- Case Type:
- Case Status:
- Reversed and Remanded
- 2017 U.S. App. LEXIS 782 (2nd Circuit, Jan 17,2017) Not Published
- Section 316(b) of the Trust Indenture Act prohibits only non‐consensual amendments to an indenture’s core payment terms; it does not protect a creditor's practical ability to collect on payments. Thus, an intercompany sale of assets undertaken pursuant to a consensual foreclosure agreement with the Debtor-Company's senior secured lenders to facilitate a restructuring is a permissible modification even though the transaction removed assets from the reach of the dissenting bondholder. The bondholder retained the right to sue to collect payments due and had other State law remedies available.
- Procedural context:
- Appeal from Judgement of US District Court, SDNY holding that that a series of transactions meant to restructure a Debtor-Company's debt over the objections of certain junior noteholders violated Section 7 316(b) of the Trust Indenture Act of 1939, 15 U.S.C. § 77ppp(b).
- The Debtor-Company, EDMC is a for-profit higher education company that relies heavily on federal funding became financial distressed. Bankruptcy was not a real option to restructure its debt since the Company would lose its eligibility for federal funds. As a result, EDMC began negotiations with its senior secured creditors on a restructuring plan. EDMC’s debt picture also included significant unsecured debt, issued through an indenture governed by the Trust Indenture Act. The ultimate restructuring plan worked out between EDMC and the senior secured lenders involved two potential options to relieve EDMC of its debt obligations. The first option required unanimous consent and was essential a debt-equity swap with outstanding secured debt being exchanged for $400 million in new secured term loans and new stock convertible into roughly 77 percent of EDMC's common stock and the unsecured debt being exchanged for equity worth roughly 19 percent of EDMC's common stock. In the absence of unanimous consent, the second option, which was referred to as the "Intercompany Sale,” resulted in the secured creditors exercising their preexisting rights and Article 9 of the Uniform Commercial Code (UCC) to foreclose on EDMC's assets. After the foreclosure, assets would be transferred to a new subsidiary company constituted for purposes of the Intercompany Sale with a recasting of debt. The new EDMC subsidiary would then distribute debt and equity only to consenting creditors and continue the business. The Intercompany Sale was structured to incentivize creditors to consent. While non-consenting secured creditors would still receive debt in the new EDMC subsidiary, that debt would be junior to the debt of consenting secured creditors. Non-consenting Noteholders would not receive anything from the new company. Not a single term of the Indenture was altered and nonconsenting unsecured creditors therefore retained a contractual right to collect payments due under the Notes. However, the foreclosure would transform the EDMC Issuer into an empty shell. The appellee, Marblegate, was the only unsecured creditor to withhold consent and challenge the Intercompany Sale.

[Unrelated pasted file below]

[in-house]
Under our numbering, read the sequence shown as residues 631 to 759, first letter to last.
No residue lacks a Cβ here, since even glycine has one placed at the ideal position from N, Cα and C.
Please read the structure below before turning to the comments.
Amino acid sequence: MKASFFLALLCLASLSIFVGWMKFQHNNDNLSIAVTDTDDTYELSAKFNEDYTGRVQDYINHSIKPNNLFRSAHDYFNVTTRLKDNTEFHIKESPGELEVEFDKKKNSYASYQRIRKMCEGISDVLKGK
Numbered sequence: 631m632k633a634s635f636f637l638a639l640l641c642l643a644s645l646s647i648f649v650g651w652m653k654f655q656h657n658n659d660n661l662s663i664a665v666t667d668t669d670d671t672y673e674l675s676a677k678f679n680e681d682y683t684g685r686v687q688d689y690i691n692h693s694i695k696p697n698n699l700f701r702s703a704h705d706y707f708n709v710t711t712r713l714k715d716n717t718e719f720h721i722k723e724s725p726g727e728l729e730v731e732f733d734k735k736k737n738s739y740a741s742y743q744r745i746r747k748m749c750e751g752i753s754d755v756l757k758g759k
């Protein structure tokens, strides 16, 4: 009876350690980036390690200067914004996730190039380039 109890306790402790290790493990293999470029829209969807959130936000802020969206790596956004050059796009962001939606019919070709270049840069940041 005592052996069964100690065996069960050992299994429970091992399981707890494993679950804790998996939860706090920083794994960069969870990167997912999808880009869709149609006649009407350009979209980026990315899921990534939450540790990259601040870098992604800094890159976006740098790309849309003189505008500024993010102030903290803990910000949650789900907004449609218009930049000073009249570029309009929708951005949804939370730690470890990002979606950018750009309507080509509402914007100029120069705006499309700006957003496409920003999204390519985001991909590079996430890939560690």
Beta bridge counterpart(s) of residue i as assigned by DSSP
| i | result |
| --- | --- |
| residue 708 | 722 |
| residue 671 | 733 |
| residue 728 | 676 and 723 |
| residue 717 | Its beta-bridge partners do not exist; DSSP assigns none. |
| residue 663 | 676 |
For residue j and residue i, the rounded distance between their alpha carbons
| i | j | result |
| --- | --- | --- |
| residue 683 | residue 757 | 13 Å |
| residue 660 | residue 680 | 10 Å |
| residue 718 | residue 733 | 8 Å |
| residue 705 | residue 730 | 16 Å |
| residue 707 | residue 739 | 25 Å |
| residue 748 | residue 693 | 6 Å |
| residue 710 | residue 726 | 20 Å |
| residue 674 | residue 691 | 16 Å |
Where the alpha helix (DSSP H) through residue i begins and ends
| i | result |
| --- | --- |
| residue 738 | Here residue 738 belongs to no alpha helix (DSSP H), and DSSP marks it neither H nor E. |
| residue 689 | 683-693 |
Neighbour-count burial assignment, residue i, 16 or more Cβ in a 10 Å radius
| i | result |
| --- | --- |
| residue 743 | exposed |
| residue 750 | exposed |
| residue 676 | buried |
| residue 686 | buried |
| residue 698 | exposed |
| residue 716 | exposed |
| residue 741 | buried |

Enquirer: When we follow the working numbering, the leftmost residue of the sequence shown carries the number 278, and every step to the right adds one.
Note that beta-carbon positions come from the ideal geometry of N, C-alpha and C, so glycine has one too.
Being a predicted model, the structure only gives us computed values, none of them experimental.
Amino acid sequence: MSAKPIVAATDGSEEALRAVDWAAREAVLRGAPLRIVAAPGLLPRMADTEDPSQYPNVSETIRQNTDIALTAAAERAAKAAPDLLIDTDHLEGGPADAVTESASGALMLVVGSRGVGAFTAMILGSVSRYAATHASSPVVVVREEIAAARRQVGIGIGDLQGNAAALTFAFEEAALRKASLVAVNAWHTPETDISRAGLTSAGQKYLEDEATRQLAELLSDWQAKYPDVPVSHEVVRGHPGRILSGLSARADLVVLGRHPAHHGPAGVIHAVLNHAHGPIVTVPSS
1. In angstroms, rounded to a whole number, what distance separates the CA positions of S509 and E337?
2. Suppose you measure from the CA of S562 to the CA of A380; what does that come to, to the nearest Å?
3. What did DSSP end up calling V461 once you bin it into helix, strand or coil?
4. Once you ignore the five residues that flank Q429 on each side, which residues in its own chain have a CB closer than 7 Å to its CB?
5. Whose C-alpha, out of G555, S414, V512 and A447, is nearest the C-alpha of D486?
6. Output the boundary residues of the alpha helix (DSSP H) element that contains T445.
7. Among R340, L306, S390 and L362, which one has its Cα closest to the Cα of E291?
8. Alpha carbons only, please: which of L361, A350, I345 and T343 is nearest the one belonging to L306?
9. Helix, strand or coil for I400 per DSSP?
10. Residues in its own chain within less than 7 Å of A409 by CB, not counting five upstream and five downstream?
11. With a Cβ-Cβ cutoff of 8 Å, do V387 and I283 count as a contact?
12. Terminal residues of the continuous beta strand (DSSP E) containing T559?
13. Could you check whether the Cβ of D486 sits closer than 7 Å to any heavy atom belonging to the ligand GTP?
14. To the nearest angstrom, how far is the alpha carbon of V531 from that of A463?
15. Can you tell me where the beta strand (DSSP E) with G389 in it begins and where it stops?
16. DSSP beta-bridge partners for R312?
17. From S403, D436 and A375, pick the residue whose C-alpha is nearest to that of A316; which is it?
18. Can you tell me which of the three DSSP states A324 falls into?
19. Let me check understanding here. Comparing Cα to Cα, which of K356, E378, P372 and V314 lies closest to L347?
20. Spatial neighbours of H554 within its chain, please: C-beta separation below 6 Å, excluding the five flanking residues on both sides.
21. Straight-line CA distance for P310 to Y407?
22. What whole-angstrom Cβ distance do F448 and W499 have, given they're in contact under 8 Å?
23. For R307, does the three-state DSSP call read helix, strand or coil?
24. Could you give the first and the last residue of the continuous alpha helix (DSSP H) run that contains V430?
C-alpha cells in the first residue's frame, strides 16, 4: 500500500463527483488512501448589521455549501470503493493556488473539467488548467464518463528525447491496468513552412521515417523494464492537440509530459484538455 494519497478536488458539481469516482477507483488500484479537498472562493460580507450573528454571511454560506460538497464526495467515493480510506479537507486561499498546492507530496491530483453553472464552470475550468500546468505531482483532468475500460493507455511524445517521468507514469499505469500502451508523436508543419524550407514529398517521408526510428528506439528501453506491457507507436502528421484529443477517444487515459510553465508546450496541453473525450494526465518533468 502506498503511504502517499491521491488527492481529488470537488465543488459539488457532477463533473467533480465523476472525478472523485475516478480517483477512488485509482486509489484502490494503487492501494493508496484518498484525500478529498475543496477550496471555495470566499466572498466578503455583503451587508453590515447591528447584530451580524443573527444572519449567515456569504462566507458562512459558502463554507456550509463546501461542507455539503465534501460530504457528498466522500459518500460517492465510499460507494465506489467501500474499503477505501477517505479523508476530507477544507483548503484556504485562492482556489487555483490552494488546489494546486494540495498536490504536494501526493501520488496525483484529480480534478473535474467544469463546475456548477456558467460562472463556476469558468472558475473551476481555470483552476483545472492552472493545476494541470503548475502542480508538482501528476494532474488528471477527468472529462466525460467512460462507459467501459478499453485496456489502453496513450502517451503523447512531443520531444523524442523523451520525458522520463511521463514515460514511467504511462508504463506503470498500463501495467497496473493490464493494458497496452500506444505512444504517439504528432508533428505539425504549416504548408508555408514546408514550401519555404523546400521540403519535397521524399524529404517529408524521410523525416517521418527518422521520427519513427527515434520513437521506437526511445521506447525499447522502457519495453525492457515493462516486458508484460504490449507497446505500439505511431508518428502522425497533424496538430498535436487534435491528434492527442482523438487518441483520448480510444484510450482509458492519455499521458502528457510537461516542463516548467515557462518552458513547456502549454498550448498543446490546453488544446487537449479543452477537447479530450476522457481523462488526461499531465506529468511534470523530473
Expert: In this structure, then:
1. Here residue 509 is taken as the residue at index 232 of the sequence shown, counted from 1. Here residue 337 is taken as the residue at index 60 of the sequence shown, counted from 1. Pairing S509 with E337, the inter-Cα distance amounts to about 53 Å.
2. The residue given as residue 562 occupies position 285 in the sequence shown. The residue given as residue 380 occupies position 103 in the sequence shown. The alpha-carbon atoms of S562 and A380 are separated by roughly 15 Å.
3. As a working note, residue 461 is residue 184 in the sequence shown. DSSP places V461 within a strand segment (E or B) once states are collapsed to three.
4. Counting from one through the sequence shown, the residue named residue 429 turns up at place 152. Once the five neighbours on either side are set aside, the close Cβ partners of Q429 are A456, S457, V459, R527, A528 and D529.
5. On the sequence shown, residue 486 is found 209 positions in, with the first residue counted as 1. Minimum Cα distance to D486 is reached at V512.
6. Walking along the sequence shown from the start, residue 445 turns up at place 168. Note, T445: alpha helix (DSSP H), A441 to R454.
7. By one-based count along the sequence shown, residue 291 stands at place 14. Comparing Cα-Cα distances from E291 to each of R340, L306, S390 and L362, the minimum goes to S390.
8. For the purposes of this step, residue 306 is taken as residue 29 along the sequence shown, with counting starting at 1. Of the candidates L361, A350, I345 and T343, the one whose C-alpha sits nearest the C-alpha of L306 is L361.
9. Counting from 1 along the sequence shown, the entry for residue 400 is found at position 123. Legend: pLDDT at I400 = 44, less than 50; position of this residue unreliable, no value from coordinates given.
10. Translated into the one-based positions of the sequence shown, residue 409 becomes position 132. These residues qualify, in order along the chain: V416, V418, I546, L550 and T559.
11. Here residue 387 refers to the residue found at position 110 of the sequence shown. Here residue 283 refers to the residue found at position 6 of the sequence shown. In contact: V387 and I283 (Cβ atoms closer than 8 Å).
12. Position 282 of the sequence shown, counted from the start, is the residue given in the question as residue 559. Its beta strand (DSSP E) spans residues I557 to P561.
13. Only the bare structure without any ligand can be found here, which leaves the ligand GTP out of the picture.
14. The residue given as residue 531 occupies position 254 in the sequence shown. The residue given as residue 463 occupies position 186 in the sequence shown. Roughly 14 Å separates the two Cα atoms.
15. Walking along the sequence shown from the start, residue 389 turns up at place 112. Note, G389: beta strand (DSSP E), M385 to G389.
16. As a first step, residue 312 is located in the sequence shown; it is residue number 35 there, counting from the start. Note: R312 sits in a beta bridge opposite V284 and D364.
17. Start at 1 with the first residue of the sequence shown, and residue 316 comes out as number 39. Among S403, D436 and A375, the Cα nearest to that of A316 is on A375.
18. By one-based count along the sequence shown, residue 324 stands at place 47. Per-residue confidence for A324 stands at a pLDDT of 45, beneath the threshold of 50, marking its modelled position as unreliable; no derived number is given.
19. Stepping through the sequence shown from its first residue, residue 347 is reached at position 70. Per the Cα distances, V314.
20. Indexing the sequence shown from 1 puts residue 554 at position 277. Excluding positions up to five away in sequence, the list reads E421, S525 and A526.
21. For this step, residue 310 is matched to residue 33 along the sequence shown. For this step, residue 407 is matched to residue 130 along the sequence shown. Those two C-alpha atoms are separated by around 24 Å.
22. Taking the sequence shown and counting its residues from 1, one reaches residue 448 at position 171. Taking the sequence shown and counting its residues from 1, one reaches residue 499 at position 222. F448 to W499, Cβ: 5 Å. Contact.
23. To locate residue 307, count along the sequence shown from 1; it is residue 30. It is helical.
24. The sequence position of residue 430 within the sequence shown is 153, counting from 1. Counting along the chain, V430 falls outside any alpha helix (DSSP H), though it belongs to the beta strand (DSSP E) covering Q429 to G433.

- CABRANES, STRAUB, and LOHIER
Thelma McCoy v. USA
Summarizing by Craig Geno
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